Siemens AG (Berlin and Munich) is a global technology powerhouse that has stood for engineering excellence, innovation, quality, reliability and internationality for more than 165 years. The company is active in more than 200 countries, focusing on the areas of electrification, automation and digitalization. One of the world's largest producers of energy-efficient, resource-saving technologies, Siemens is No. 1 in offshore wind turbine construction, a leading supplier of combined cycle turbines for power generation, a major provider of power transmission solutions and a pioneer in infrastructure solutions as well as automation, drive and software solutions for industry. The company is also a leading provider of medical imaging equipment – such as computed tomography and magnetic resonance imaging systems – and a leader in laboratory diagnostics as well as clinical IT. In fiscal 2014, which ended on September 30, 2014, Siemens generated revenue from continuing operations of €71.9 billion and net income of €5.5 billion. At the end of September 2014, the company had around 343,000 employees worldwide on a continuing basis.
Further information is available on the Internet at www.siemens.com
Reference Number: PR2015050200PDEN
Ms. Ines Giovannini
Process Industries and Drives Division
Gleiwitzer Str. 555
Tel: +49 (911) 895-7946
Ines Giovannini | Siemens Process Industries and Drives
Further reports about: > Siemens > alarm system > battery > battery pack > carbon dioxide > computed tomography > electric cars > electric propulsion systems > energy management > energy management system > lithium-ion batteries > magnetic resonance > magnetic resonance imaging > offshore wind turbine > propulsion system > propulsion systems > wind turbine
Tool helps cities to plan electric bus routes, and calculate the benefits
09.01.2017 | International Institute for Applied Systems Analysis (IIASA)
Realistic training for extreme flight conditions
28.12.2016 | Technical University of Munich (TUM)
Cells need to repair damaged DNA in our genes to prevent the development of cancer and other diseases. Our cells therefore activate and send “repair-proteins”...
The Fraunhofer IWS Dresden and Technische Universität Dresden inaugurated their jointly operated Center for Additive Manufacturing Dresden (AMCD) with a festive ceremony on February 7, 2017. Scientists from various disciplines perform research on materials, additive manufacturing processes and innovative technologies, which build up components in a layer by layer process. This technology opens up new horizons for component design and combinations of functions. For example during fabrication, electrical conductors and sensors are already able to be additively manufactured into components. They provide information about stress conditions of a product during operation.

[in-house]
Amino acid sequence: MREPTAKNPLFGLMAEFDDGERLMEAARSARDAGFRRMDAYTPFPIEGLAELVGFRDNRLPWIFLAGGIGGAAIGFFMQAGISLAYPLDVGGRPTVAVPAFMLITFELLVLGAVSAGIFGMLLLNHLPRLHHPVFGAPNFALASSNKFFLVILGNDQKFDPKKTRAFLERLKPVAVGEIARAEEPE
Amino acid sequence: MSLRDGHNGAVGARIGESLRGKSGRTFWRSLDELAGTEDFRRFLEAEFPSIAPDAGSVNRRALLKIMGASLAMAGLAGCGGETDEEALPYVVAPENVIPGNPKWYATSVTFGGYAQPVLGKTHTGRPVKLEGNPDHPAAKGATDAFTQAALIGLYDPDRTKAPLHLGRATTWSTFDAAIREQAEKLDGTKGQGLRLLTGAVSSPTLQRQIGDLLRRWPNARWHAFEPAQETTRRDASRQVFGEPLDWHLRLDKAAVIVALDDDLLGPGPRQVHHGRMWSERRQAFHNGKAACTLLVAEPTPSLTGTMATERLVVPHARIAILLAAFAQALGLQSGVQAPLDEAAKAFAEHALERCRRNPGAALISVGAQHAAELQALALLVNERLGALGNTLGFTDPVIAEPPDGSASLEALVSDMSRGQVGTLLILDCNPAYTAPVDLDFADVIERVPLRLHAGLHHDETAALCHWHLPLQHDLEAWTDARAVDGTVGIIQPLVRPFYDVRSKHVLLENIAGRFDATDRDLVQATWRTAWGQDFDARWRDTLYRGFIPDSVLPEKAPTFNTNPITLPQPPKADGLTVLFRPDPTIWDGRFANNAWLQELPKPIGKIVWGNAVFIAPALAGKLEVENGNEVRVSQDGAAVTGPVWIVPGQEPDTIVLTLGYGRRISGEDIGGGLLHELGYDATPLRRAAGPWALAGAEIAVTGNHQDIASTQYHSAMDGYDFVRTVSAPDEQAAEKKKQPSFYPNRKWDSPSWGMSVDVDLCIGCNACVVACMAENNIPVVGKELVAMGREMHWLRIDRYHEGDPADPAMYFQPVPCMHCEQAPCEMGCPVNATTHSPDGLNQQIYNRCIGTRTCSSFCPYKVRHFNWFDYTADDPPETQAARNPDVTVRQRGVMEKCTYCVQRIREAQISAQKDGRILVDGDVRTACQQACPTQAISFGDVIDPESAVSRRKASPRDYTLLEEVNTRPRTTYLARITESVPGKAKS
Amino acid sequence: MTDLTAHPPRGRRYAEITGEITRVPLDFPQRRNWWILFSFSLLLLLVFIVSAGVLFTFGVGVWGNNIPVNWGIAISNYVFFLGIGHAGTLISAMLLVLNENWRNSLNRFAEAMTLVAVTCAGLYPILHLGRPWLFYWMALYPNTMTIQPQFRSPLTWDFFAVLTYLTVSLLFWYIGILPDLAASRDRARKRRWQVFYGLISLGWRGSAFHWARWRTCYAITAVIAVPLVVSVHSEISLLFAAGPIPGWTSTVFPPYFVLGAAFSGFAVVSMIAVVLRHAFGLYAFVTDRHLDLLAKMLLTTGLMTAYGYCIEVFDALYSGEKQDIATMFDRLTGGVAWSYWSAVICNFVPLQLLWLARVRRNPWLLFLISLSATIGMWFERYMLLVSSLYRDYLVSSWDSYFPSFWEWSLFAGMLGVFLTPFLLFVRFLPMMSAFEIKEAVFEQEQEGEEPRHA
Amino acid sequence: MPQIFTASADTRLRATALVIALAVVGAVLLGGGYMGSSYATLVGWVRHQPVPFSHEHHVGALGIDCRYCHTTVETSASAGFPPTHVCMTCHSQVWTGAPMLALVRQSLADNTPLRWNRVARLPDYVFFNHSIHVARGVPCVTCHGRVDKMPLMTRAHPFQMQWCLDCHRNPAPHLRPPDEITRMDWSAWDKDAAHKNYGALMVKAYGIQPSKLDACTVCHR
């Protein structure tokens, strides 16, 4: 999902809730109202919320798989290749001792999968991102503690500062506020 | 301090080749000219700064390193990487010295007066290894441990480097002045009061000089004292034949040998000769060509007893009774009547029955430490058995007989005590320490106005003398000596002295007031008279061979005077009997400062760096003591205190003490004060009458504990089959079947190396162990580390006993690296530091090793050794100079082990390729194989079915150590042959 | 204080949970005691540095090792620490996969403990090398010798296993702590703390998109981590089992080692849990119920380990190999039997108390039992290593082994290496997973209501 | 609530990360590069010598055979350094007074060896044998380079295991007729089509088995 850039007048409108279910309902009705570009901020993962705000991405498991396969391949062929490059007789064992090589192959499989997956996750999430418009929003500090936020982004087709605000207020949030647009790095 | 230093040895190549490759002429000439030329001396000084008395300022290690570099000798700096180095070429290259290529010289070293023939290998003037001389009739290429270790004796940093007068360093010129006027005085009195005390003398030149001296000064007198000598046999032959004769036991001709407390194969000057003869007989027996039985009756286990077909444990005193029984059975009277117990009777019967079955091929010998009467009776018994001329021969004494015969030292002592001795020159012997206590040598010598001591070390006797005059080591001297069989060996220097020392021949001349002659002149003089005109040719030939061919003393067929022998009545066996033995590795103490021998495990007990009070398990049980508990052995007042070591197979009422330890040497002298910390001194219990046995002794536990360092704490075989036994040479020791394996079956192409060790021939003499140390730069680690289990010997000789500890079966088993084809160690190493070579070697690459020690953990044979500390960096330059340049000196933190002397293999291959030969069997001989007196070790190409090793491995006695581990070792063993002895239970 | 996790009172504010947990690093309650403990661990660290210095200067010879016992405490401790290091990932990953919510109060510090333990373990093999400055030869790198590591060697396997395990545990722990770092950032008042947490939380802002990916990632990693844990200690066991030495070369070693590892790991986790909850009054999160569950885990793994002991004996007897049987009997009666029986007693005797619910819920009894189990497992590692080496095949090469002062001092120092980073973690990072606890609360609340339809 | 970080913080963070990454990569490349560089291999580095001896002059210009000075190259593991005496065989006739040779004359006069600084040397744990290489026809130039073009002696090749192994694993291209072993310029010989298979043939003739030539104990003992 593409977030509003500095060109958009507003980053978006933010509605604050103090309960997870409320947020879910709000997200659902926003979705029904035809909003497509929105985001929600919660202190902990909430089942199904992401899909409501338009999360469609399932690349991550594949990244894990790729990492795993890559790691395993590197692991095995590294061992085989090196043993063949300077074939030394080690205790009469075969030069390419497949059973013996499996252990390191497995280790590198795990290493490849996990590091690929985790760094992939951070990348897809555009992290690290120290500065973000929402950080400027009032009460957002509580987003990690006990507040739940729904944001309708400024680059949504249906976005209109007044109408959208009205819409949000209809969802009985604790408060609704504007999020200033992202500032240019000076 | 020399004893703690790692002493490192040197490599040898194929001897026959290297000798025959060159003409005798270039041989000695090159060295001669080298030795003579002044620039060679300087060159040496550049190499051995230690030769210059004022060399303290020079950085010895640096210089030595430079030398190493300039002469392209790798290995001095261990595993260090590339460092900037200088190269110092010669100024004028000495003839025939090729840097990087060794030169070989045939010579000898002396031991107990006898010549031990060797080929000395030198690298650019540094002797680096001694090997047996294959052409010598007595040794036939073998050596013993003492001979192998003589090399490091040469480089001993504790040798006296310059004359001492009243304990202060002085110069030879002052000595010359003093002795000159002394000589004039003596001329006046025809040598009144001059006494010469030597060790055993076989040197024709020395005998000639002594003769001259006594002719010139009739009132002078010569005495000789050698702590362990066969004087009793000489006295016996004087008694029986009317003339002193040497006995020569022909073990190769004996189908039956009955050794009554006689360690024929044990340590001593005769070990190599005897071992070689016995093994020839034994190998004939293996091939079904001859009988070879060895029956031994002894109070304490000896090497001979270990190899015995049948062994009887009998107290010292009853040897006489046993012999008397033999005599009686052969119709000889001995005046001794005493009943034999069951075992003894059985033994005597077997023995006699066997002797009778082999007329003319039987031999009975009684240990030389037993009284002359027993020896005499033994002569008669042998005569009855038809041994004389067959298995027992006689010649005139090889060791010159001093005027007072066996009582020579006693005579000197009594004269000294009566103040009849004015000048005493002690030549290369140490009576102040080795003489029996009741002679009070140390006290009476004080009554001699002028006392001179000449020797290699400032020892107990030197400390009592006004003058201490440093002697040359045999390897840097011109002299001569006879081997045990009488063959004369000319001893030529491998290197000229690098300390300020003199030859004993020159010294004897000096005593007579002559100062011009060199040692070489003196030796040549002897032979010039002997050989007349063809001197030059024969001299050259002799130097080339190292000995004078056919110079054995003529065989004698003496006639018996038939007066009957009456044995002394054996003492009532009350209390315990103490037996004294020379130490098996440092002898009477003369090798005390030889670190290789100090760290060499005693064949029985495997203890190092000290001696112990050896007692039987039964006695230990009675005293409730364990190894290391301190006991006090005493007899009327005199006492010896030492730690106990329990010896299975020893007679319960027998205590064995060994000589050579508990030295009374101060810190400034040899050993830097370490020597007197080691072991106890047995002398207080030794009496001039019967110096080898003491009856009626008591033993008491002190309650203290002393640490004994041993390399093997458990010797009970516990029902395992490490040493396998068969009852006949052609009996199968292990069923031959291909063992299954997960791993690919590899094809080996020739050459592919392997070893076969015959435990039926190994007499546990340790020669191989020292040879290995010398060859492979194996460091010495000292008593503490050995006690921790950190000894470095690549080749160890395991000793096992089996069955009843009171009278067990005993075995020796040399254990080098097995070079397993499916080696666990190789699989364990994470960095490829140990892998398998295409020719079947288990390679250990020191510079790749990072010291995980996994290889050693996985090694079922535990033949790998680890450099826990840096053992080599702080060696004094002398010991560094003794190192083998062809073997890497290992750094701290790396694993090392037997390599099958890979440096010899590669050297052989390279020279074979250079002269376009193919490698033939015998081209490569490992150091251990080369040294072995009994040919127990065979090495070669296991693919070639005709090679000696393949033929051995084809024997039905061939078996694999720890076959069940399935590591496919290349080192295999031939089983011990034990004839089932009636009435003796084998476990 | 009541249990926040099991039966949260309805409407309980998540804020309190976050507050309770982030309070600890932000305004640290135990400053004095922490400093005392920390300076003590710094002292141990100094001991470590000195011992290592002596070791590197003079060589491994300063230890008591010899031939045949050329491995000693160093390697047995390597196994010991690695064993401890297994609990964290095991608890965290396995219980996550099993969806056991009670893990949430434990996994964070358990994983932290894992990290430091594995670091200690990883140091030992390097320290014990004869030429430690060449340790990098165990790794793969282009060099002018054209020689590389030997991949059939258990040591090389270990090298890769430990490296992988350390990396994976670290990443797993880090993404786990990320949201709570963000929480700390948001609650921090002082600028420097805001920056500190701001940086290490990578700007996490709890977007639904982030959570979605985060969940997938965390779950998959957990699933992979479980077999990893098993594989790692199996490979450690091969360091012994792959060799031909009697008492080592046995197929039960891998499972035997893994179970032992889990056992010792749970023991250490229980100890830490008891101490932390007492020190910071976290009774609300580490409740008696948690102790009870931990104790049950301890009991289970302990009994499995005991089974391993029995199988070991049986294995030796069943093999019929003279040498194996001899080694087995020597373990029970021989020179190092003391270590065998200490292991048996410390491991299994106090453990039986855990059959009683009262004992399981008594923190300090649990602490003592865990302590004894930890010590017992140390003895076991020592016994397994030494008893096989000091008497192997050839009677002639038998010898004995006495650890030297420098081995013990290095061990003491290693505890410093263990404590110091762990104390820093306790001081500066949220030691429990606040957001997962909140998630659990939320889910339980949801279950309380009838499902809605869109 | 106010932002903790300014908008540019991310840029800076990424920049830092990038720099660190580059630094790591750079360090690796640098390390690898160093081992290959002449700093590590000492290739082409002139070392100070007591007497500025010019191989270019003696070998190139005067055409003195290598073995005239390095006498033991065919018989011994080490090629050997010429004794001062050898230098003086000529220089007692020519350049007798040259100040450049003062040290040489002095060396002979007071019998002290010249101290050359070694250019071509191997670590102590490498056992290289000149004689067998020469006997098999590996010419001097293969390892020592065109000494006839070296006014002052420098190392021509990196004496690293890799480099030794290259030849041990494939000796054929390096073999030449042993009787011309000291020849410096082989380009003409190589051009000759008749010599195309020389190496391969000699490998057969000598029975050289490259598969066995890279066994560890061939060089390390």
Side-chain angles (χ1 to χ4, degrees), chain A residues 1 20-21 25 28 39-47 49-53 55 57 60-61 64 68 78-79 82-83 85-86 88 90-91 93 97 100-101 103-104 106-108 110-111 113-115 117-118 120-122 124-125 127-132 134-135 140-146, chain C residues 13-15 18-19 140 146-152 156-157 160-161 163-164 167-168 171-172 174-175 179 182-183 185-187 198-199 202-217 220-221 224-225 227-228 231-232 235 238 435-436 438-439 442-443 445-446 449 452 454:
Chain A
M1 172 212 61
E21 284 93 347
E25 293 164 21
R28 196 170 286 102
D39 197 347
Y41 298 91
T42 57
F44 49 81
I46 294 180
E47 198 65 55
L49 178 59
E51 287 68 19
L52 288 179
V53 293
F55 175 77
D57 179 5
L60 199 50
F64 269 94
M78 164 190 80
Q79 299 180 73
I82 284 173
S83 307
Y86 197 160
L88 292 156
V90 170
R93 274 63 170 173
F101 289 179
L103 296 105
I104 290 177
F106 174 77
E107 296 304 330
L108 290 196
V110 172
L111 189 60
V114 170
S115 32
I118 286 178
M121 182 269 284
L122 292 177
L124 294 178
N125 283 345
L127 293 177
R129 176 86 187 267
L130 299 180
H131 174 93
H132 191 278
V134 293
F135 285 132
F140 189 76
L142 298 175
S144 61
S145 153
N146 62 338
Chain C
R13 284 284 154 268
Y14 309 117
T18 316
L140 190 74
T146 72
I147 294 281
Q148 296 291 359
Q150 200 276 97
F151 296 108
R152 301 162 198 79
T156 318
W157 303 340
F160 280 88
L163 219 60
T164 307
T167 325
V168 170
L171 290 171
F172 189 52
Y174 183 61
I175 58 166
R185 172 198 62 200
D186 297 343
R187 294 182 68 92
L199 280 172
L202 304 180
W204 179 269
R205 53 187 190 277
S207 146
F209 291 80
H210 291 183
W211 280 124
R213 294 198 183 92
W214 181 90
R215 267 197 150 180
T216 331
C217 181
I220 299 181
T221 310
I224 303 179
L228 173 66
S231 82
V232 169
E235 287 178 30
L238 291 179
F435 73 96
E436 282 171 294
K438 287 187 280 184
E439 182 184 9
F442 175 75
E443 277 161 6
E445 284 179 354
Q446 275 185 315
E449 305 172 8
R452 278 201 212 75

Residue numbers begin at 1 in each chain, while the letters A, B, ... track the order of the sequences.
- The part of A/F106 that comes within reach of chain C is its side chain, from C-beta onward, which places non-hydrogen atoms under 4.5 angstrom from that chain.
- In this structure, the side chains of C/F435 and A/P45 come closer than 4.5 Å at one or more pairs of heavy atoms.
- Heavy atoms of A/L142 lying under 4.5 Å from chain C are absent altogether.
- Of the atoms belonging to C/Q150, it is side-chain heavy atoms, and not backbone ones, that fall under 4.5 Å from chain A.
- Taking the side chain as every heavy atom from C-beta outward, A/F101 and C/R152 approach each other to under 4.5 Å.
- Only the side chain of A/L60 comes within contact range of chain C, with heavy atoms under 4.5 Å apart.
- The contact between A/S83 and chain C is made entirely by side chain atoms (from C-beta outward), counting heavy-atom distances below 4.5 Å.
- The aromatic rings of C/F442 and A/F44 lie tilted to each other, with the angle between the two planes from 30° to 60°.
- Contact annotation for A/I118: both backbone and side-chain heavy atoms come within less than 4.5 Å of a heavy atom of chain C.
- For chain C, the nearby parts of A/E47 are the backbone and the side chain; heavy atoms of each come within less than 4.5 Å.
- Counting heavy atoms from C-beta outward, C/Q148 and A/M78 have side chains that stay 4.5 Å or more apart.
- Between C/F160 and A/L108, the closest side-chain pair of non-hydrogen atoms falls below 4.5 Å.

The 3D-printing technology, or additive manufacturing as it is often called, has long made the step out of scientific research laboratories into industrial...
Nature does amazing things with limited design materials. Grass, for example, can support its own weight, resist strong wind loads, and recover after being...
Nanometer-scale magnetic perforated grids could create new possibilities for computing. Together with international colleagues, scientists from the Helmholtz Zentrum Dresden-Rossendorf (HZDR) have shown how a cobalt grid can be reliably programmed at room temperature. In addition they discovered that for every hole ("antidot") three magnetic states can be configured. The results have been published in the journal "Scientific Reports".
Physicist Dr. Rantej Bali from the HZDR, together with scientists from Singapore and Australia, designed a special grid structure in a thin layer of cobalt in...
13.02.2017 | Event News
10.02.2017 | Event News
09.02.2017 | Event News
20.02.2017 | Materials Sciences
20.02.2017 | Health and Medicine
20.02.2017 | Health and Medicine